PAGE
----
Pareidolia is the tendency to misperceive a meaningful pattern in a meaningless visual stimulus.
For example, this is what happens when you look at the sky and you think the clouds are shaped like a smiling face, an angel or a cat.
There are many other examples, such as a piece of toast that looks like Jesus, a faucet that looks like a face, the shape of a star in the coffee foam and so on.
The man in the moon is another example.
Basically whenever you think that you are seeing a face or an animal on an object or surface that is most definitely not a face or an animal, this is pareidolia in action.
This may also apply to audio stimuli when you imagine there are hidden messages in sounds.
How to avoid pareidolia
- When you see faces, animals or other meaningful shapes in the clouds, coffee foam, toast or any other object, remind yourself that this is just pareidolia in action.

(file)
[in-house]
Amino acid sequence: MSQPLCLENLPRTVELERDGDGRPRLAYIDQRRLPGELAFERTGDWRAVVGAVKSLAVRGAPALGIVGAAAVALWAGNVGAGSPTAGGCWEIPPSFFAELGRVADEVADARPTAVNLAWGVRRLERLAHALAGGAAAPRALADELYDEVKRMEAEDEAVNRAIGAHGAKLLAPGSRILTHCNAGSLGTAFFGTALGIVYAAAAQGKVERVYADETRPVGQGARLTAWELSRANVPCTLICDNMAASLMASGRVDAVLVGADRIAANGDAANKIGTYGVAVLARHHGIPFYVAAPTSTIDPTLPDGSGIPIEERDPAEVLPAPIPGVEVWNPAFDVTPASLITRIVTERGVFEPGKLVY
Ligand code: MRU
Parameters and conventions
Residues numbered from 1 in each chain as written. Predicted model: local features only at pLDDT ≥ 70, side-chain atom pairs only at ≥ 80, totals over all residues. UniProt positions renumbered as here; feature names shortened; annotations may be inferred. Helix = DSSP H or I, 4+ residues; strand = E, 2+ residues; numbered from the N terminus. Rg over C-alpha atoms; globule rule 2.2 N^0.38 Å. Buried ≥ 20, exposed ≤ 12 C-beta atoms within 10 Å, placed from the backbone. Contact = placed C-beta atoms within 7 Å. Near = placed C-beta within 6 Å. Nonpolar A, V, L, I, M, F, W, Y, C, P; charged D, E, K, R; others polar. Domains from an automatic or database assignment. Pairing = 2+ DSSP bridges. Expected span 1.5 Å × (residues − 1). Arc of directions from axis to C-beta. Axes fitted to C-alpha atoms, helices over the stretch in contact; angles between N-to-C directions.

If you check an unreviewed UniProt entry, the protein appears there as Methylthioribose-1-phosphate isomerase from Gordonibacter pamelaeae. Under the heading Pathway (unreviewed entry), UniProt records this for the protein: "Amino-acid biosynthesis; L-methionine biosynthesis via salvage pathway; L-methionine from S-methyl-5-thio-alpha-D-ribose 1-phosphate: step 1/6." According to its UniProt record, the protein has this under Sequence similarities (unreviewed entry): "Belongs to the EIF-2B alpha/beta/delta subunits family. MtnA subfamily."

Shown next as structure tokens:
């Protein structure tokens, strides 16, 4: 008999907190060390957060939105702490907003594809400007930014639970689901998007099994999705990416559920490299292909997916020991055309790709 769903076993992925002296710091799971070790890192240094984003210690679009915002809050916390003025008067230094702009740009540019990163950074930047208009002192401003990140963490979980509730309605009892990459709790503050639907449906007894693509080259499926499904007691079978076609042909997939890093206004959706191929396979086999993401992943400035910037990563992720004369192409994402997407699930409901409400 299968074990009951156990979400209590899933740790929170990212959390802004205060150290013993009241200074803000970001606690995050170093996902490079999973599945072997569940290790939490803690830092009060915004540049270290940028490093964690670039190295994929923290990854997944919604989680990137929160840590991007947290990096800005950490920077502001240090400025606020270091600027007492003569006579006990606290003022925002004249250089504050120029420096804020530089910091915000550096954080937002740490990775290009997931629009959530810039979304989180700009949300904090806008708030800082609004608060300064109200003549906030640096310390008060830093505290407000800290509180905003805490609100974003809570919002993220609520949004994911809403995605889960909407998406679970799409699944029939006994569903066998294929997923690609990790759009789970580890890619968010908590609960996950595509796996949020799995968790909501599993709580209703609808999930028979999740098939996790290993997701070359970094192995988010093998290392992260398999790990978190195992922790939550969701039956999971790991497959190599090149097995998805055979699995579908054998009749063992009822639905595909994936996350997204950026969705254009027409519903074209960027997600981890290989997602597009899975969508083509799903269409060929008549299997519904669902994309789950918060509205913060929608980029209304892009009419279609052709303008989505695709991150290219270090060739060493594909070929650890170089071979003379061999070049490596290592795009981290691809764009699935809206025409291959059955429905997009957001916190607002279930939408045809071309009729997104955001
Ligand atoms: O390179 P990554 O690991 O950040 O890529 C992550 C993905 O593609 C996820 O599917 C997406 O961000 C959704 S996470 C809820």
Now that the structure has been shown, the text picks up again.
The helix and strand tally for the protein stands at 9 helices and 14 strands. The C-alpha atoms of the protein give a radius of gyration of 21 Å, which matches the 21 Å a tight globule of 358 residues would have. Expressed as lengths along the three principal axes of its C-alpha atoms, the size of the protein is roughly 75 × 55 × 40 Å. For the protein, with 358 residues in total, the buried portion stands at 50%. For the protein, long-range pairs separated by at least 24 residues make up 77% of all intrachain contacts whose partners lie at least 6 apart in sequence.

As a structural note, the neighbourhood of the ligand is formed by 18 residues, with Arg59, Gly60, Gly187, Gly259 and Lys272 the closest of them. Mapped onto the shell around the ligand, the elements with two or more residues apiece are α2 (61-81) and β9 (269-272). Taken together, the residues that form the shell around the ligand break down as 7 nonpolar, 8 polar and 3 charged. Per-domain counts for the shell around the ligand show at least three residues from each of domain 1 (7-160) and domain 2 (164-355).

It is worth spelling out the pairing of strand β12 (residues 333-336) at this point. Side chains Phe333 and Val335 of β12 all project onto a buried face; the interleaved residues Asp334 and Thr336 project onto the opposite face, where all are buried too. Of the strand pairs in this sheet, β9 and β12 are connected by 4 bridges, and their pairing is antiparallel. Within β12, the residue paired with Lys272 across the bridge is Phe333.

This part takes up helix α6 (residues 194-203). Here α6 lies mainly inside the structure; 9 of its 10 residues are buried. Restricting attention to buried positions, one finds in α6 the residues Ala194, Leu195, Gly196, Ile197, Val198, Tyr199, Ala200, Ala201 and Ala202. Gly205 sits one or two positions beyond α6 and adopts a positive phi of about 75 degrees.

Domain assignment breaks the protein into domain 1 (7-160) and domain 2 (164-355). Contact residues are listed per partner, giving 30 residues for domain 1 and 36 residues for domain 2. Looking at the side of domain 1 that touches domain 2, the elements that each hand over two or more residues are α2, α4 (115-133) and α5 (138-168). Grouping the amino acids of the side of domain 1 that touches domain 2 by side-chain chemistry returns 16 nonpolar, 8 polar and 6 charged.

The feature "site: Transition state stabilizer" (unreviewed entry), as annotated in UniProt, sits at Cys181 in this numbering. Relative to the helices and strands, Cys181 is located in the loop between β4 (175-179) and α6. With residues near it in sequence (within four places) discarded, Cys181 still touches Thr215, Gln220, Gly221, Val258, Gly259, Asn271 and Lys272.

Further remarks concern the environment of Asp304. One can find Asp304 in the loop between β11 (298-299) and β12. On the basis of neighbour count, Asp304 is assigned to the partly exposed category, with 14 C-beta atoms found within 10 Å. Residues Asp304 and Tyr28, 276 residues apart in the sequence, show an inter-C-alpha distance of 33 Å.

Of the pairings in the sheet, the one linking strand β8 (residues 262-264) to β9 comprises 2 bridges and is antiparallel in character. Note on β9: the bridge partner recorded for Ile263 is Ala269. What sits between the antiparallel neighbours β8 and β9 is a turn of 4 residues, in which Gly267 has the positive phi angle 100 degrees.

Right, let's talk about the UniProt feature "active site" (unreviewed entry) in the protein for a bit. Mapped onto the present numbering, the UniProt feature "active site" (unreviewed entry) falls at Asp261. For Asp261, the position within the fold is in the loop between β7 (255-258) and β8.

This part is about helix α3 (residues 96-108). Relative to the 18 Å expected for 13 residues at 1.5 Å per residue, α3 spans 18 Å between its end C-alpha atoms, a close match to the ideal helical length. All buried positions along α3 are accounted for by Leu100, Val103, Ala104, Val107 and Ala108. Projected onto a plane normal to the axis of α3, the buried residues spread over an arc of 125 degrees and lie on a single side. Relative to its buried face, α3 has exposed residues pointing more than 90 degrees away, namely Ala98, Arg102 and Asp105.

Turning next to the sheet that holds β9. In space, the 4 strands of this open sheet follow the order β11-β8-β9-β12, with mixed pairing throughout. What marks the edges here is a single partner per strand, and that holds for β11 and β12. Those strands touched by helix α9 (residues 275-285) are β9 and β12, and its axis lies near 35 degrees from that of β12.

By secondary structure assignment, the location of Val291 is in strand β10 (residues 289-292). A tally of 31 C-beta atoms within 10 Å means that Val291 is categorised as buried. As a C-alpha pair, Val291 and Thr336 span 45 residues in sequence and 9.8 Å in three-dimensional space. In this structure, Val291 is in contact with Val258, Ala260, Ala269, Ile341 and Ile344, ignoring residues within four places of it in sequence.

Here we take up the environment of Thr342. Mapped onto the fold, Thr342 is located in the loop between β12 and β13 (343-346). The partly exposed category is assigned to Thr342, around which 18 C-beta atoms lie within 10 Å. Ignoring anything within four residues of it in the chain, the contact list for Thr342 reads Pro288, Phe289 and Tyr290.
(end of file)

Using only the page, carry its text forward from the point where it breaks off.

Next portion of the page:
- This is a tendency of your brain, so do not try to assign any higher meaning to it. If you see Jesus on a piece of toast, this is pareidolia, not a message from Jesus or God.
- Sometimes it can be fun to look for shapes and patterns in certain images.
- You can still do this for entertainment if you want. But remind yourself that this is a normal phenomenon and it should not influence life decisions in any way.
- Ask other people what they see; you may be surprised to notice that they do not see the same thing (unless you point it out).